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We are designing a reporting system for our company, should we base it on Kaplan's balanced scorecard?

We want to create a set of standard metrics and reports that we can use to view financial and operational performance across multiple businesses.  I'm familiar with the Balanced scorecard approach and would like to adopt it for our reporting taxonomy.  My question is this: is this a good approach or are there more recent approaches that I may not be aware of?


Topic Expert
Keith Perry
Title: Director of Global Accounting
Company: Agrinos, Inc.
(Director of Global Accounting, Agrinos, Inc.) |


I like the scorecard in that it forces some structure onto planning; I don't use it anymore, however, in that my approach differs somewhat. However, for reporting across multiple businesses, I think there is a benefit (I just wouldn't use it for planning those objectives).

The two tools that I tend to use for the goal-setting phase are 1) A combination of stakeholder identification and a hybrid of an ishikawa diagram / market research laddering (happy to hold forth on what this entails if it isn't self-evident) and 2) Mind Mapping.

Neither of these two have output that is appropriate to reporting, however. What they do is create the structure for determining what *is* important, and how to measure it. You could back into a Scorecard to do that, and some of that comes very naturally from the outputs (my reports don't look dissimilar from Scorecards...they're just not based on that premise so they're not explicitly structured based on the quadrants).



Donald Koscheka
Title: Principal
Company: Bluecloud Communications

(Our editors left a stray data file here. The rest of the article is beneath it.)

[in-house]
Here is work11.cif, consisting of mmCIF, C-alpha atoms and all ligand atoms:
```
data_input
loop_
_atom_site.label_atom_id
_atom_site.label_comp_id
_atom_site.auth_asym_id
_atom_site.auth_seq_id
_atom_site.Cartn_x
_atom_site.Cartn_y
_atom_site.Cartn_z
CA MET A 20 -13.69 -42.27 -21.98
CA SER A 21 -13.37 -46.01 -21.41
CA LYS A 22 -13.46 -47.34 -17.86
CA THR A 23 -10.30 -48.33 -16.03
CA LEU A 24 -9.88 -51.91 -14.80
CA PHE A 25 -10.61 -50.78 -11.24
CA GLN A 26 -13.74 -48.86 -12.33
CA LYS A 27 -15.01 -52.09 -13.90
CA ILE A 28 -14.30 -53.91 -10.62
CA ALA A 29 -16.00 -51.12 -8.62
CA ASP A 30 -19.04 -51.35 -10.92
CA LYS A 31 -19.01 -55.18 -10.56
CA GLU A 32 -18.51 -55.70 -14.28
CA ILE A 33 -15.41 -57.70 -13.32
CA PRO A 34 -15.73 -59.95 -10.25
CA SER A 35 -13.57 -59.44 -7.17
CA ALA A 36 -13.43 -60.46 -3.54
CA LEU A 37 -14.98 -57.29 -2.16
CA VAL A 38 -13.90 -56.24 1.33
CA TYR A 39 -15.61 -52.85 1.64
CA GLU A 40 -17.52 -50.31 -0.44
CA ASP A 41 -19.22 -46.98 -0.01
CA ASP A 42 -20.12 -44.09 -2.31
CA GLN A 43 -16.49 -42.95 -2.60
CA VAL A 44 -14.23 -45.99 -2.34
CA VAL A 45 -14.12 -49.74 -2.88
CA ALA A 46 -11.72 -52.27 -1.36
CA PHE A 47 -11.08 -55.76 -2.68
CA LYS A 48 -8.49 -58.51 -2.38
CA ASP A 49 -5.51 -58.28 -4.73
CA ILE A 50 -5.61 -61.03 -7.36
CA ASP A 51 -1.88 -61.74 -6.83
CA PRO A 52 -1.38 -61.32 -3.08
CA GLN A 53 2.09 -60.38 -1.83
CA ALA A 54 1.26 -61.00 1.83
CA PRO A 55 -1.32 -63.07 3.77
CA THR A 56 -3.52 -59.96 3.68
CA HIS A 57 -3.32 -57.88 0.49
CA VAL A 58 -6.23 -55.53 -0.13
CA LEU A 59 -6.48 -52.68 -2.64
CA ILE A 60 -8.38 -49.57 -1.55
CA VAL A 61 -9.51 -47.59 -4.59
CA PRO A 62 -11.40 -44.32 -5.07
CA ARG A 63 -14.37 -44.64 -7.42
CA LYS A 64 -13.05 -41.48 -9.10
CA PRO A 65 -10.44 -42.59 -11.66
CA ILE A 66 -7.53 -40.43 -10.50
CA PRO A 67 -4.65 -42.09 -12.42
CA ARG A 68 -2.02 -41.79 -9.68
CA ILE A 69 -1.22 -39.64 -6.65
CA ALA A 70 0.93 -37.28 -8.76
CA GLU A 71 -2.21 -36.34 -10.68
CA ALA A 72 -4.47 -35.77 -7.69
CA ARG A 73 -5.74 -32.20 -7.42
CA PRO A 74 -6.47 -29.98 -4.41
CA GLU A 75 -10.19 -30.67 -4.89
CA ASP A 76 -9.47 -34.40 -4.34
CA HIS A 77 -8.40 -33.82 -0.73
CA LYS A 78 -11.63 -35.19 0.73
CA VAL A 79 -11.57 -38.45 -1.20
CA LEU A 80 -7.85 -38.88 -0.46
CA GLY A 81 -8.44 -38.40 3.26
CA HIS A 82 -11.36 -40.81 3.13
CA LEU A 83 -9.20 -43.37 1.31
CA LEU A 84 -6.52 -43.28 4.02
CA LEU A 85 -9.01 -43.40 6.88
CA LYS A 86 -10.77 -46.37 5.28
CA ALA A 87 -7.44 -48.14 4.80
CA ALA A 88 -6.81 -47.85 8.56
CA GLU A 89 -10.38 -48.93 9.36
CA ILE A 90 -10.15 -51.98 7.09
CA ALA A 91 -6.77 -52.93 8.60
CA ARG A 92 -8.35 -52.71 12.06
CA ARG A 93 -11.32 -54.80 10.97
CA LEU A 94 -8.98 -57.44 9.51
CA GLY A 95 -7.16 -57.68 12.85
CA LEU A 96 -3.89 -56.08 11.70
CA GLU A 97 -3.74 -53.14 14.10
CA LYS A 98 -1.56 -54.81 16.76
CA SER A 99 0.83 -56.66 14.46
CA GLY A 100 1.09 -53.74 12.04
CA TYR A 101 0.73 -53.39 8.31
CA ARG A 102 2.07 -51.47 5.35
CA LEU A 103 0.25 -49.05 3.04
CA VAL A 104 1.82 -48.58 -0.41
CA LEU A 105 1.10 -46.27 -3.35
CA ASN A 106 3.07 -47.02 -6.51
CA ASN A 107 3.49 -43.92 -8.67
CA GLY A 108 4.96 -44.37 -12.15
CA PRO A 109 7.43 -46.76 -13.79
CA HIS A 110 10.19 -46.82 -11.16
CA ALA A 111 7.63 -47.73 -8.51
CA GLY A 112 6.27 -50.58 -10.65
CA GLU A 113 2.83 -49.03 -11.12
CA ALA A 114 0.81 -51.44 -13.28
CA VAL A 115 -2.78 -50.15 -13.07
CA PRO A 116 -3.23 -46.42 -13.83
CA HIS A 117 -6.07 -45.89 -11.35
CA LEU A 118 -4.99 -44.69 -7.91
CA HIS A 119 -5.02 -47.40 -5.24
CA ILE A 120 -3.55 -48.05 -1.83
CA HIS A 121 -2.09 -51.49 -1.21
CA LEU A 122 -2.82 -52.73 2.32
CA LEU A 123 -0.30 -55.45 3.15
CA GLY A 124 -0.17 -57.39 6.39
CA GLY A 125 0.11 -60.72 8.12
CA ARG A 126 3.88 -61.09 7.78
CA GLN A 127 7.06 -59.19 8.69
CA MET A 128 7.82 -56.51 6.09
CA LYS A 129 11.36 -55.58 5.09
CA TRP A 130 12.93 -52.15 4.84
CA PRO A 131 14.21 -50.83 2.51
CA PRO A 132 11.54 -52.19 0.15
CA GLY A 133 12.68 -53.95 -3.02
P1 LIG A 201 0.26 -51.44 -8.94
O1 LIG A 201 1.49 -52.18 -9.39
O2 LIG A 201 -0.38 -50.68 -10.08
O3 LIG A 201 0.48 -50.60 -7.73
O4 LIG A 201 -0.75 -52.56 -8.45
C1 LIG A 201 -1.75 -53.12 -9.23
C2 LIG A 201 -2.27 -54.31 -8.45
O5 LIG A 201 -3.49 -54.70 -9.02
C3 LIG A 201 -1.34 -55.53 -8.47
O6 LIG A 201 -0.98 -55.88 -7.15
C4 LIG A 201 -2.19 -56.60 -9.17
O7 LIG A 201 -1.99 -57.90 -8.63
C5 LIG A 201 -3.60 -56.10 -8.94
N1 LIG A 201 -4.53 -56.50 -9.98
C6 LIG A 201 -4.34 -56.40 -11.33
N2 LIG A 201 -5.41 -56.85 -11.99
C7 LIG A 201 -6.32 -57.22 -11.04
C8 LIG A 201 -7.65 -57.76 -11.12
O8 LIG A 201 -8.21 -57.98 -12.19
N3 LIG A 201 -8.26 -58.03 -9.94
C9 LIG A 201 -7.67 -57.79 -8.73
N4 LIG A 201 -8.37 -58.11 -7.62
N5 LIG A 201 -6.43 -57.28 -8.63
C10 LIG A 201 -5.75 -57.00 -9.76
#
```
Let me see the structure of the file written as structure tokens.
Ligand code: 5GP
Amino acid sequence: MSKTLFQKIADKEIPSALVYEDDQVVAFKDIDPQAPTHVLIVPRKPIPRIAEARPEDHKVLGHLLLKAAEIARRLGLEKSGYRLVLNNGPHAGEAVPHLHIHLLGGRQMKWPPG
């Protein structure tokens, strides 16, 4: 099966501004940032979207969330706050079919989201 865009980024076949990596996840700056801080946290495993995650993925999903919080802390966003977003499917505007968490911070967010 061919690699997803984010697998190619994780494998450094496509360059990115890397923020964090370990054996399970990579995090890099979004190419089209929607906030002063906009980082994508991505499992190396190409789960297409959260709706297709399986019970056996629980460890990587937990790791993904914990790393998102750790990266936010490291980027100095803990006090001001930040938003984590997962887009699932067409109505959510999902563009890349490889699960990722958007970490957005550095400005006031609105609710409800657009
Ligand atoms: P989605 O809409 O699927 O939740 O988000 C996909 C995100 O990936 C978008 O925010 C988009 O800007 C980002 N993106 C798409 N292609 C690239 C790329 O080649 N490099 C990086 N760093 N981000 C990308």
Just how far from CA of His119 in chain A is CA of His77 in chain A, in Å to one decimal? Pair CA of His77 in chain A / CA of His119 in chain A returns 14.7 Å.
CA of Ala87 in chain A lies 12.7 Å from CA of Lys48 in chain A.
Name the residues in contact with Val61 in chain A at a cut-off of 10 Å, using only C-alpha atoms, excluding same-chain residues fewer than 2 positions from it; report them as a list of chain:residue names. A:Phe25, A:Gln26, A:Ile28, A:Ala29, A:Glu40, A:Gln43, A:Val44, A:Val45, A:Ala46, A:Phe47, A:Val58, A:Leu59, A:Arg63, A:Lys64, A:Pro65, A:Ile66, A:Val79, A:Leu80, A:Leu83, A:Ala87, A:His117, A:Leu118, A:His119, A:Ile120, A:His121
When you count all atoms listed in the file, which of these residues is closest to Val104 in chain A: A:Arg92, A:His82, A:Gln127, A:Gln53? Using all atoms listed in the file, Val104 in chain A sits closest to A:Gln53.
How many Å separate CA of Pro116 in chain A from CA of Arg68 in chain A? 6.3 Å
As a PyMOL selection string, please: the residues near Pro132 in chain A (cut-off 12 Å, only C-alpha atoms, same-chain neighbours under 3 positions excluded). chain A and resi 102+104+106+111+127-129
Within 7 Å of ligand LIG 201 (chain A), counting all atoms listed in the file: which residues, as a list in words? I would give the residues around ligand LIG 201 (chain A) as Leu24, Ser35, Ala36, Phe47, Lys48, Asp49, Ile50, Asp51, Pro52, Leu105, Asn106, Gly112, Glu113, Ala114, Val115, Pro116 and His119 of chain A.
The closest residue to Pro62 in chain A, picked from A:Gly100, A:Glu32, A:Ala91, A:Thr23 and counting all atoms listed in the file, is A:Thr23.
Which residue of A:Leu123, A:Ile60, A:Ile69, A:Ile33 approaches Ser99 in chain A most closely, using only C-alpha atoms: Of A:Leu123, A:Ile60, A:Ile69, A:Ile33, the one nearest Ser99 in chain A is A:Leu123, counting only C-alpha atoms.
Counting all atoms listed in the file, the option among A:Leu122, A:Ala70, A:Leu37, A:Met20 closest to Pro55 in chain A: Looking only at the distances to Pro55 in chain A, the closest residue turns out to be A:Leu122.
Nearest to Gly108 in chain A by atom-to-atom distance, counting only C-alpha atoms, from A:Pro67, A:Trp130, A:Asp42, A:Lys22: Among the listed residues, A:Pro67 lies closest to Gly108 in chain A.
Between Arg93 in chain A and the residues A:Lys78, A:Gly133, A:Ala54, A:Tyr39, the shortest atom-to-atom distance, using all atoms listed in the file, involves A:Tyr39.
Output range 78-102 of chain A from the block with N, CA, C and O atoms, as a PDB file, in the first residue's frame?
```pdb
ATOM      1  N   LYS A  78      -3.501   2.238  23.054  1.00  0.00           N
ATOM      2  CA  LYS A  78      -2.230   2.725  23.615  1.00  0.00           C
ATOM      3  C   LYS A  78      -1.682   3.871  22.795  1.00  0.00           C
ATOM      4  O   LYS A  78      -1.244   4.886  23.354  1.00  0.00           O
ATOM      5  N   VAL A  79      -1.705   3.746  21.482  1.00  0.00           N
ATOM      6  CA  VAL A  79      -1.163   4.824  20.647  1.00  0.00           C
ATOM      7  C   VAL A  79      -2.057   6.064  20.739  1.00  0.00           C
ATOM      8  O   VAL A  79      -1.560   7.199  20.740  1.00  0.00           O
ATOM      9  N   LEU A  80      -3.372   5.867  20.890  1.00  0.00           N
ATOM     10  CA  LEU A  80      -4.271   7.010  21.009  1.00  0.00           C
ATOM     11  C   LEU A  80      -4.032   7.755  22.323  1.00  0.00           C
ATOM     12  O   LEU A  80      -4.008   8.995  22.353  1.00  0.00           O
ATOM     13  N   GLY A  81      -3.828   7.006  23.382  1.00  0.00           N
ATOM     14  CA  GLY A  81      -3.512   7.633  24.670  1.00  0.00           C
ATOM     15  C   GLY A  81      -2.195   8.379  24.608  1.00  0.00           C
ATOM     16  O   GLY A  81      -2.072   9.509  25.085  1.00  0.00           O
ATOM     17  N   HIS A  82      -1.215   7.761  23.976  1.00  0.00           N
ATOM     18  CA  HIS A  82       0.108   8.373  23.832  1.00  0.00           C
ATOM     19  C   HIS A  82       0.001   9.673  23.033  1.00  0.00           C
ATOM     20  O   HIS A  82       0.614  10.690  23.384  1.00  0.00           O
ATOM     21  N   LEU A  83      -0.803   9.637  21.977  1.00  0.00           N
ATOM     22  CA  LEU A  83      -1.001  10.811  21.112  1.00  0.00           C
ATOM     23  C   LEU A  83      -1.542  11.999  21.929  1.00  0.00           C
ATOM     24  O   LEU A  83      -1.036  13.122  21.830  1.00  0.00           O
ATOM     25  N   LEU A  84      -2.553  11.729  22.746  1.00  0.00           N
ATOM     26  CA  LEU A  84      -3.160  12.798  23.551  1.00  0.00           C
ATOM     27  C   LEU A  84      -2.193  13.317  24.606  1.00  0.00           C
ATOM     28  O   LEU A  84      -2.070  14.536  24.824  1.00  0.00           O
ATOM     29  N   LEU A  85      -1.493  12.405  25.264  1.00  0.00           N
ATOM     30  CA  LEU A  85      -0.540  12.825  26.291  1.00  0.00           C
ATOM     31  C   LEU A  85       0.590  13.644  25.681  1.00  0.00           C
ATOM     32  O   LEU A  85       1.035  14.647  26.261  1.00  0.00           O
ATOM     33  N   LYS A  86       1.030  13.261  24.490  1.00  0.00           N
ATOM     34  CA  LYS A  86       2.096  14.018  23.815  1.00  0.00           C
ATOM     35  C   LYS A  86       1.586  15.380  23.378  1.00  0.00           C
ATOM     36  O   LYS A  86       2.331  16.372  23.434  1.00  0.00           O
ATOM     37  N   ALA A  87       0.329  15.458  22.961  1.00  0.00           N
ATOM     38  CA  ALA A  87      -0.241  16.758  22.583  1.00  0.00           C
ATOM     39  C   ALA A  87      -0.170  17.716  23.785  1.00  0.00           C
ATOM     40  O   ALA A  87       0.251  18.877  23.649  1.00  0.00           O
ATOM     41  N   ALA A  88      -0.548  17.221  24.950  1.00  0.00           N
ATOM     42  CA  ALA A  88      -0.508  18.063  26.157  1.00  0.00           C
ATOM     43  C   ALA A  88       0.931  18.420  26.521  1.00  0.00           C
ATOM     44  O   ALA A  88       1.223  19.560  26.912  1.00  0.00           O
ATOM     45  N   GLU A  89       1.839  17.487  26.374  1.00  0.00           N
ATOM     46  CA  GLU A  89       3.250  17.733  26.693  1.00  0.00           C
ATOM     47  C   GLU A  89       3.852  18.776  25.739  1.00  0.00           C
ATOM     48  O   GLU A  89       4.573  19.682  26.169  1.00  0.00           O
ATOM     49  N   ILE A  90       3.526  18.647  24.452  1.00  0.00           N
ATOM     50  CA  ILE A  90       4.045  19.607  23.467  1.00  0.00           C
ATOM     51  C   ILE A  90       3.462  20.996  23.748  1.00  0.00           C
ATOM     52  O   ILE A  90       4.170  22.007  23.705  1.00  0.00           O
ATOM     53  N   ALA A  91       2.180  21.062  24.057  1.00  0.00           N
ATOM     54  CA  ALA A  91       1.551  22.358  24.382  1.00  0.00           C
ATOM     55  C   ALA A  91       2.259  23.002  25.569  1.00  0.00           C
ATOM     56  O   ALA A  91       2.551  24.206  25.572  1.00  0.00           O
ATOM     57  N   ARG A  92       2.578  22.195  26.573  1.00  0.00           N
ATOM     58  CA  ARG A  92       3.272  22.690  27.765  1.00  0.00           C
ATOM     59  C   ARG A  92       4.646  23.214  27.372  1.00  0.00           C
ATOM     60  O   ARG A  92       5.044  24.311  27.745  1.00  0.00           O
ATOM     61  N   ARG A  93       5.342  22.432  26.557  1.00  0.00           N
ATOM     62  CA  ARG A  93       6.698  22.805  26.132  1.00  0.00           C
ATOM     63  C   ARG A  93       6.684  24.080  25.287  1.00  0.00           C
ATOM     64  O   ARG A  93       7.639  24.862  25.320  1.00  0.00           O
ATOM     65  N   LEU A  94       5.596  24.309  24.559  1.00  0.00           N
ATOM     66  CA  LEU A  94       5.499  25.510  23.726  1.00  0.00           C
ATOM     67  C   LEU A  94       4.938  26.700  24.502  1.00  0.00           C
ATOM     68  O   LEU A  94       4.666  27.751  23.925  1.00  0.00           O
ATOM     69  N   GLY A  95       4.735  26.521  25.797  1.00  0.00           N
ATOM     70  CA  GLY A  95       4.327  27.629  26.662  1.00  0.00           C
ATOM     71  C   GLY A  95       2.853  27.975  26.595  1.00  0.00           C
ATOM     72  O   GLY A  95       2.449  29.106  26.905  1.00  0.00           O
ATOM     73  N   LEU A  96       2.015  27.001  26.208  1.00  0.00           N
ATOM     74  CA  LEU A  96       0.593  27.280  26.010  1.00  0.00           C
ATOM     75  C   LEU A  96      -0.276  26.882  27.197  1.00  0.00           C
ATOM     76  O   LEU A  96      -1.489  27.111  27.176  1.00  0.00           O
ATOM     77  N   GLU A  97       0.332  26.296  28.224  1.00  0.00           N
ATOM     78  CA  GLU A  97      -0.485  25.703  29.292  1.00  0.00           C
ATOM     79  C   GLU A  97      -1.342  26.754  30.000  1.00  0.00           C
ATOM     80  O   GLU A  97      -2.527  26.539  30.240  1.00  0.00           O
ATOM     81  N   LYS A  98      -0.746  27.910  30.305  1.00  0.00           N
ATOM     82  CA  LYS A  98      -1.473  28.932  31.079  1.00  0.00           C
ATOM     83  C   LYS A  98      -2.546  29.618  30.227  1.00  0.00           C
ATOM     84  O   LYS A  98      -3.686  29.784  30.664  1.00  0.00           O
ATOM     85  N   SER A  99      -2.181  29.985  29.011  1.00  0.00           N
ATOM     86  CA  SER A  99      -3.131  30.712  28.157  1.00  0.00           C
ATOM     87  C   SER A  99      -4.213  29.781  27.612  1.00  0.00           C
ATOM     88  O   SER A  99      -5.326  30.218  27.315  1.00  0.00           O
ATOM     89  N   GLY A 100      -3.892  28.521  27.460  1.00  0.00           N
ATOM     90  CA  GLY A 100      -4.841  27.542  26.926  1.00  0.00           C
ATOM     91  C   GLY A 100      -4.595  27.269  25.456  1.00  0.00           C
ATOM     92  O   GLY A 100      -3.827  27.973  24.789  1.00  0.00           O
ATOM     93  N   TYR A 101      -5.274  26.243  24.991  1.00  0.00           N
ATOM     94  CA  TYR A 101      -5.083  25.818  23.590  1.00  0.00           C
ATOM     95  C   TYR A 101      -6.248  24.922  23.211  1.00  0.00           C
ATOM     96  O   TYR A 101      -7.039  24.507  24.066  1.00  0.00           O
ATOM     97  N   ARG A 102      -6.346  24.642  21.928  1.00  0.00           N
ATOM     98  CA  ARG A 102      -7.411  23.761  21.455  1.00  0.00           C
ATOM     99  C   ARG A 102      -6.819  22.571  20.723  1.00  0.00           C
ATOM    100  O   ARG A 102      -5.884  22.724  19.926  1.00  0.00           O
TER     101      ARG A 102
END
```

(Principal, Bluecloud Communications) |

Thanks Keith, I'm familiar with the techniques you suggest, but as you point out, they are not designed to provide a reporting taxonomy. We decided to use the Kaplan framework as it appears to fit our needs.

Topic Expert
Charley Kyd
Title: Founder
Company: ExcelUser
(Founder, ExcelUser) |

I take a different approach, which probably will offend the purists...

To me, "dashboard" defines a way to present data, usually trended data. It consists mostly of small line charts, along with a few small tables. It replaces page-after-page of numeric reports.

Using small charts with a consistent format allows you to track many different trends in one view. Quickly, you can compare measures, see inconsistencies, find exceptions, and discover interesting trends.

If you want to include a Balanced Scorecard among your views of the data, that's fine. But I wouldn't stop there. Set up other dashboards that display any other data you want to follow, both internal and *external*.

Think of these dashboards as perpetual prototypes. As certain measures grow less interesting, replace them with measures that are more interesting. If related measures are widely separated, rearrange the dashboard so the related measures are grouped together. If your dashboard doesn't work for you, change it.

Keep your charts small, simple, and consistent. This allows you to glance at your charts quickly without needing to mentally adjust for a variety of different chart types and display techniques.

Gauges are expensive chart junk. They're just a fancy way of dressing up a couple of numbers. Avoid them like the plague. Instead, use area charts with line plots, or bullet graphs. For more information about this issue see:


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